Egypt, Libya, Morocco, Sudan, Tunisia, Burundi, Comoros, Djibouti, Eritrea, Ethiopia, Kenya, Madagascar, Malawi, Mauritius, Mozambique, Rwanda, Seychelles, Somalia, Uganda, Zambia, Zimbabwe, Cameroon, Central African Republic, Chad, Equatorial Guinea, Gabon, Sao Tome and Principe, Lesotho, Namibia, South Africa, Eswatini, Burkina Faso, Cape Verde, Gambia, Ghana, Guinea, Guinea-Bissau, Liberia, Mali, Mauritania, Niger, Nigeria, Senegal, Sierra Leone, Togo, Cuba, Dominica, Dominican Republic, Grenada, Haiti, Jamaica, Saint Kitts and Nevis, Saint Lucia, Trinidad and Tobago, Costa Rica, El Salvador, Guatemala, Honduras, Mexico, Nicaragua, Panama, Chile, Colombia, Ecuador, Guyana, Paraguay, Peru, Suriname, Uruguay, Venezuela, Canada, United States of America, Kazakhstan, Kyrgyzstan, Tajikistan, Turkmenistan, Uzbekistan, China, Japan, Mongolia, Cambodia, Indonesia, Malaysia, Myanmar, Philippines, Thailand, Timor-Leste, Vietnam, India, Iran, Maldives, Nepal, Pakistan, Sri Lanka, Georgia, Iraq, Israel, Jordan, Kuwait, Lebanon, Oman, Qatar, Saudi Arabia, Syrian Arab Republic, Turkey, United Arab Emirates, Yemen, Bulgaria, Czech Republic, Hungary, Moldova, Poland, Romania, Russia, Slovakia, Ukraine, Denmark, Estonia, Finland, Iceland, Ireland, Latvia, Lithuania, Norway, Sweden, United Kingdom, Croatia, Greece, Italy, North Macedonia, Malta, Montenegro, Portugal, San Marino, Serbia, Slovenia, Spain, France, Germany, Liechtenstein, Luxembourg, Netherlands, New Zealand, Fiji, Papua New Guinea, Solomon Islands, Kiribati, Marshall Islands, Nauru, Palau, Cook Islands, Niue, Samoa, Tonga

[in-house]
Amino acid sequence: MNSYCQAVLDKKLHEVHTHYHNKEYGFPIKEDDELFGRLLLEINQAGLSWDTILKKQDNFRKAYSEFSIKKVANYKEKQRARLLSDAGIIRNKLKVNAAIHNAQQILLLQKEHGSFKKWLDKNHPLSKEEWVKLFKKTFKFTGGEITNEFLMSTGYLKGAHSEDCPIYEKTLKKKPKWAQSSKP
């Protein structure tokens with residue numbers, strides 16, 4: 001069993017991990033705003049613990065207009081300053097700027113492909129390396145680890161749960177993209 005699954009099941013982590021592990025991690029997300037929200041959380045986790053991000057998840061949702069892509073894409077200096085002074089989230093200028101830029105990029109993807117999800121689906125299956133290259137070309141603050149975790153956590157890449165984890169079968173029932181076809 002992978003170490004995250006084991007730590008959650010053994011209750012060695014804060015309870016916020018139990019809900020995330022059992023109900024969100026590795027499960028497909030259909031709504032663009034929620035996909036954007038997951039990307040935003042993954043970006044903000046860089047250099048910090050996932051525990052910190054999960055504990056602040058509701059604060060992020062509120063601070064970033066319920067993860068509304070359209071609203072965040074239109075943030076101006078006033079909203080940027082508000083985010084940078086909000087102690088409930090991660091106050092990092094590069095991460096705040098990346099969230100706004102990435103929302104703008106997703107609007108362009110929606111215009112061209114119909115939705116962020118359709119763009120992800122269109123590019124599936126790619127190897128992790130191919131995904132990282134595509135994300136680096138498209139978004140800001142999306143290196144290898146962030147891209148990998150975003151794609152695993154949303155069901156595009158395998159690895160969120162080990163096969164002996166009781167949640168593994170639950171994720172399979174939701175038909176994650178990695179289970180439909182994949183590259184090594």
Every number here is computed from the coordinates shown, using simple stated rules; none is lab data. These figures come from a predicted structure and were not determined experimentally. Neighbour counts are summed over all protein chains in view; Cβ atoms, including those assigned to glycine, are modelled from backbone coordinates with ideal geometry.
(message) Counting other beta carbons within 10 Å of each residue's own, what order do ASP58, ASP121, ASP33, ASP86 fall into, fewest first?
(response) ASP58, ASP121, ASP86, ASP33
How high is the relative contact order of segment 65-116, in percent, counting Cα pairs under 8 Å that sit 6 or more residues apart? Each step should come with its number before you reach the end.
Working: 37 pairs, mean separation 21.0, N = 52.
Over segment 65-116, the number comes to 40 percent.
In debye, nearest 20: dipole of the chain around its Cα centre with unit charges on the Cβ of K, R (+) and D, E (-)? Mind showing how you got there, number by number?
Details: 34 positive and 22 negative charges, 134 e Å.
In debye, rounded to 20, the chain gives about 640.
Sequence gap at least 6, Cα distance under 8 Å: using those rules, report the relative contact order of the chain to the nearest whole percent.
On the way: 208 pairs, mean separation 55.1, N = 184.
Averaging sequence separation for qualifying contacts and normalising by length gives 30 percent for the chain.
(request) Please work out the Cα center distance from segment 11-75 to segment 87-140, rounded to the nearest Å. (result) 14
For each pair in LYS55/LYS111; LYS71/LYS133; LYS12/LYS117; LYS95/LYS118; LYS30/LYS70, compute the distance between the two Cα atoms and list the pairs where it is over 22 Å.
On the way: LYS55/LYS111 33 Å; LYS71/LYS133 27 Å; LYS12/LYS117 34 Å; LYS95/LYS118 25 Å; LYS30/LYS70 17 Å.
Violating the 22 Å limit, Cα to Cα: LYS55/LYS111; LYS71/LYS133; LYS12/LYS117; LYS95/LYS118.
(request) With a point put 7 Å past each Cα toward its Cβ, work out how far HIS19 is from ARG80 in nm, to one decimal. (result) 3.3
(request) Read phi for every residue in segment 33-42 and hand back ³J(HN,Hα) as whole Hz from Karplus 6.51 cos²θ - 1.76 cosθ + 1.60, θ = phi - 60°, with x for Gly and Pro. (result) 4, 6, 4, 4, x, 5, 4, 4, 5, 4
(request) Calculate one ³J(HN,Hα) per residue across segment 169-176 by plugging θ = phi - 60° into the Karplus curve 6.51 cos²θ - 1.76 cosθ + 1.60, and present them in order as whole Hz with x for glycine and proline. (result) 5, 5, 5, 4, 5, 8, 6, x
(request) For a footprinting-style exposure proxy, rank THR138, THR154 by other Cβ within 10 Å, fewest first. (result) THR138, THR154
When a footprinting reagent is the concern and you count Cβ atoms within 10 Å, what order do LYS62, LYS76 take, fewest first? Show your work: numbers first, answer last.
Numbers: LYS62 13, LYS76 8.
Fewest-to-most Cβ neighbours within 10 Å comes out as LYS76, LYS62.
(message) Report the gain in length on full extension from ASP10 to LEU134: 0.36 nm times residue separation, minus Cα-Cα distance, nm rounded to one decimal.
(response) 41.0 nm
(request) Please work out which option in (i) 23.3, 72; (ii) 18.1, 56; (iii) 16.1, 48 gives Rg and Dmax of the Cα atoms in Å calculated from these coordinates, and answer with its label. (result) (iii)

The Convention on the Elimination of All Forms of Discrimination against Women (CEDAW) - currently ratified by 187 countries - is the only human rights treaty that deals specifically with rural women (Art. 14). Adopted in 1979 by the United Nations Generally Assembly, entered into force in 1981. The Convention defines discrimination against women as follows: